Feeding us lies: Is everything you know about weight loss a myth?

by Emily Shoemaker, School of Public Health

“While it doesn’t sound like much, shaving off 100 calories a day could help you trim 10 or more pounds a year—even if you never set foot in the gym.” –Prevention, October 2010

The litany of “small daily changes add up to big results” can be found everywhere—from health news to women’s magazines to academic publications. However, is this widely accepted weight-loss fact actually a myth?

Image courtesy of Stuart Miles/FreeDigitalPhotos.net

Image courtesy of Stuart Miles/FreeDigitalPhotos.net

A new article from The New England Journal of Medicine by researchers at the University of Alabama at Birmingham examines the scientific evidence for twenty-two obesity-related beliefs.  The authors classify these beliefs into “myths,” “presumptions,” and “facts.”  They define a “myth” as a one that is refuted by sufficient scientific evidence.  Some of the myths may surprise you: Casazza, et al. cite a study that found that rapid weight loss programs and gradual weight loss programs produce similar outcomes in the long term. Perhaps this suggests that maintaining weight loss is just as challenging, regardless of whether the initial weight loss is rapid or gradual. But keep in mind that healthy weight loss should not exceed 1-2 pounds per week. Other myths from this study are less surprising. Have you ever heard this one?

“Don’t feel like hitting the gym? Grab your partner and head to the bedroom. A 30-minute romp in the sheets can burn upwards of 150 calories. That’s like running a mile on the treadmill!” –Cosmopolitan.com

Unfortunately, a bedroom romp won’t replace a good workout, despite what this “authority” says.  The article suggests that a man of average weight engaging in sex for an average amount of time burns about 21 calories—not much more than for watching TV.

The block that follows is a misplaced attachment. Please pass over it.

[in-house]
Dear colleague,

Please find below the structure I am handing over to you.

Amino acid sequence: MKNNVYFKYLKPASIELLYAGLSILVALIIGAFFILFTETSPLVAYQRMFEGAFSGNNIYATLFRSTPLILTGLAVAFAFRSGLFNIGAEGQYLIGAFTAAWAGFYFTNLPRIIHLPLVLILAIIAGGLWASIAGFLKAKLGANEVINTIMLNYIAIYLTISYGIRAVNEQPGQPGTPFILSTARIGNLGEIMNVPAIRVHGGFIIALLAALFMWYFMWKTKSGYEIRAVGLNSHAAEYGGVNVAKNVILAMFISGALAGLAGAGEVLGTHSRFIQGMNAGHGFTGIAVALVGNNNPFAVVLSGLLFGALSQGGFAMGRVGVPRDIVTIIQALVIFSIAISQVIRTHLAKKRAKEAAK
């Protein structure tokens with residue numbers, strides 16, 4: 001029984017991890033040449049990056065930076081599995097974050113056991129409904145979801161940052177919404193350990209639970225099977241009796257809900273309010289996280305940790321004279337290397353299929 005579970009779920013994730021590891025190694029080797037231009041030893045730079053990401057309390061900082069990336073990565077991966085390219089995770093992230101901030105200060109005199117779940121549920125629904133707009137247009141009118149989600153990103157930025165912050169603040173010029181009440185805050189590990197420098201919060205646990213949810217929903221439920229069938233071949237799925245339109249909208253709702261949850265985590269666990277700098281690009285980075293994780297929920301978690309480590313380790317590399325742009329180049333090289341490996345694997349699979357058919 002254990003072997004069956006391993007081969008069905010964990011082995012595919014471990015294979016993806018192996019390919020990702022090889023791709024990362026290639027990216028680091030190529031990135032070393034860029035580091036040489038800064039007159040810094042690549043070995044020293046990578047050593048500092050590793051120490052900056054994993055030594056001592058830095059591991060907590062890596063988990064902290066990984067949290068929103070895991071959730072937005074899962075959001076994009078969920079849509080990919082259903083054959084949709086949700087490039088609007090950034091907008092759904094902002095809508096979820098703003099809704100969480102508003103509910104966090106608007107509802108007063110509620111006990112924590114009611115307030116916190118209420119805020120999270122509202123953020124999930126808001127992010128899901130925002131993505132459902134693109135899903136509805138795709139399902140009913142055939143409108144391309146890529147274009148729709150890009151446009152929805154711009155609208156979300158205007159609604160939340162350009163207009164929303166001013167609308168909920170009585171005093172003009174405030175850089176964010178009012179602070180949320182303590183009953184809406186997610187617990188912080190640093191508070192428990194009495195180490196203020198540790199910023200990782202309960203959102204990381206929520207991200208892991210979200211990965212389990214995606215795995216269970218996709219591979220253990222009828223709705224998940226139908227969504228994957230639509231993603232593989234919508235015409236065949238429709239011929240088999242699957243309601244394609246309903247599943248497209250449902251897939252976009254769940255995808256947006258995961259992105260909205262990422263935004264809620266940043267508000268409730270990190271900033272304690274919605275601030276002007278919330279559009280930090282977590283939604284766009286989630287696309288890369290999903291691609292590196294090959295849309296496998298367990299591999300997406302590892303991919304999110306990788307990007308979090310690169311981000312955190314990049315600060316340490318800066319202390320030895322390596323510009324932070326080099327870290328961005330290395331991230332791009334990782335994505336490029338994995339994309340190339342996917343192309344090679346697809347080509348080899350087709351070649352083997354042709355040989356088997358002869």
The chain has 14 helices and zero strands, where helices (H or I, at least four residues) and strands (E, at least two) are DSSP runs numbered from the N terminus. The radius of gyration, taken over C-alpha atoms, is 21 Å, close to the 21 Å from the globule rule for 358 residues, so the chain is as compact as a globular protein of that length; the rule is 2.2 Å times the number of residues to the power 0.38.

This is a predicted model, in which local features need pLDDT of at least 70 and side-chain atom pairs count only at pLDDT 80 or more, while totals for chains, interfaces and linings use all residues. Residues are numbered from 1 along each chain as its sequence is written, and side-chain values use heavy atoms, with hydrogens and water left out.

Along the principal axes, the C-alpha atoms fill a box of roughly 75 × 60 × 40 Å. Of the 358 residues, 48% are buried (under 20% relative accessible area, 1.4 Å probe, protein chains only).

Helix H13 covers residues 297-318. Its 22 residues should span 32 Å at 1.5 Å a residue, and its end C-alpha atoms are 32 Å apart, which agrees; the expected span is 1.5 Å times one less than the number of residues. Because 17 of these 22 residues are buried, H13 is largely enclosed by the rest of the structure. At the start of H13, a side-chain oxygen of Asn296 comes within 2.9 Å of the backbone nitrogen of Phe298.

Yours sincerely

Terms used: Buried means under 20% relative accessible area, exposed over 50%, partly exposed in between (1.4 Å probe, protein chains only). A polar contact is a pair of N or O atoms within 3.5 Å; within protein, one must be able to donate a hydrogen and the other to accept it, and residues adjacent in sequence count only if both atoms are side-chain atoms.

“Presumptions,” or beliefs that require more study to actually be proven true or false, also contain some surprises.  According to this study, the habits of eating breakfast and eating more fruits and veggies have not actually been shown to help in weight reduction/management as much as we may think.  And snacking might not be such a diet-saboteur after all.

The final portion of the article deals with the empirically proven facts surrounding obesity and weight-loss.  Most of these facts are related to obesity policy, clinical weight-loss treatment, and obesity interventions.  However, there are a few that might be useful:

  • Healthy, realistic diets can work; telling someone to go on a diet does not.
  • Genes don’t solely determine your jean size; many environmental factors also play a role.
  • Increasing physical activity benefits health, even if you don’t lose weight.
  • Physical activity, when done correctly, can help with weight loss and weight maintenance.

reality checkOverall, this article is a nice reality check: you can’t believe everything you hear or read, regardless if it comes from Cosmo, a supposed scientific authority, or even this article!  Even if “sufficient scientific evidence” has disproven the belief that rapid weight loss produces poorer long-term weight outcomes, slow weight loss may still be a safer—and more realistic—way for someone to lose weight.  Fruits and veggies impart benefits apart from potential weight loss.  And as for sex being a poor replacement for the treadmill?  I’d say to take that one as a challenge.



Casazza K., Fontaine K.R., Astrup A., Birch L.L., Brown A.W., Bohan Brown M.M., et al. (2013). Myths, presumptions, and facts about obesity. New England Journal of Medicine, 368(5), 446-54.

Morris, M. Why Sex is Good for You. Cosmopolitan. http://www.cosmopolitan.com/sex-love/advice/health-benefits-of-sex?click=main_sr#slide-2

Roberts-Grey, G. (2012, October). 8 Ways to Lose 10 Pounds Without Exercise: Effortless ways to cut calories and rev metabolism. Prevention. http://www.prevention.com/weight-loss/weight-loss-tips/how-lose-10-pounds-without-exercise#ixzz2K9SgUF8e


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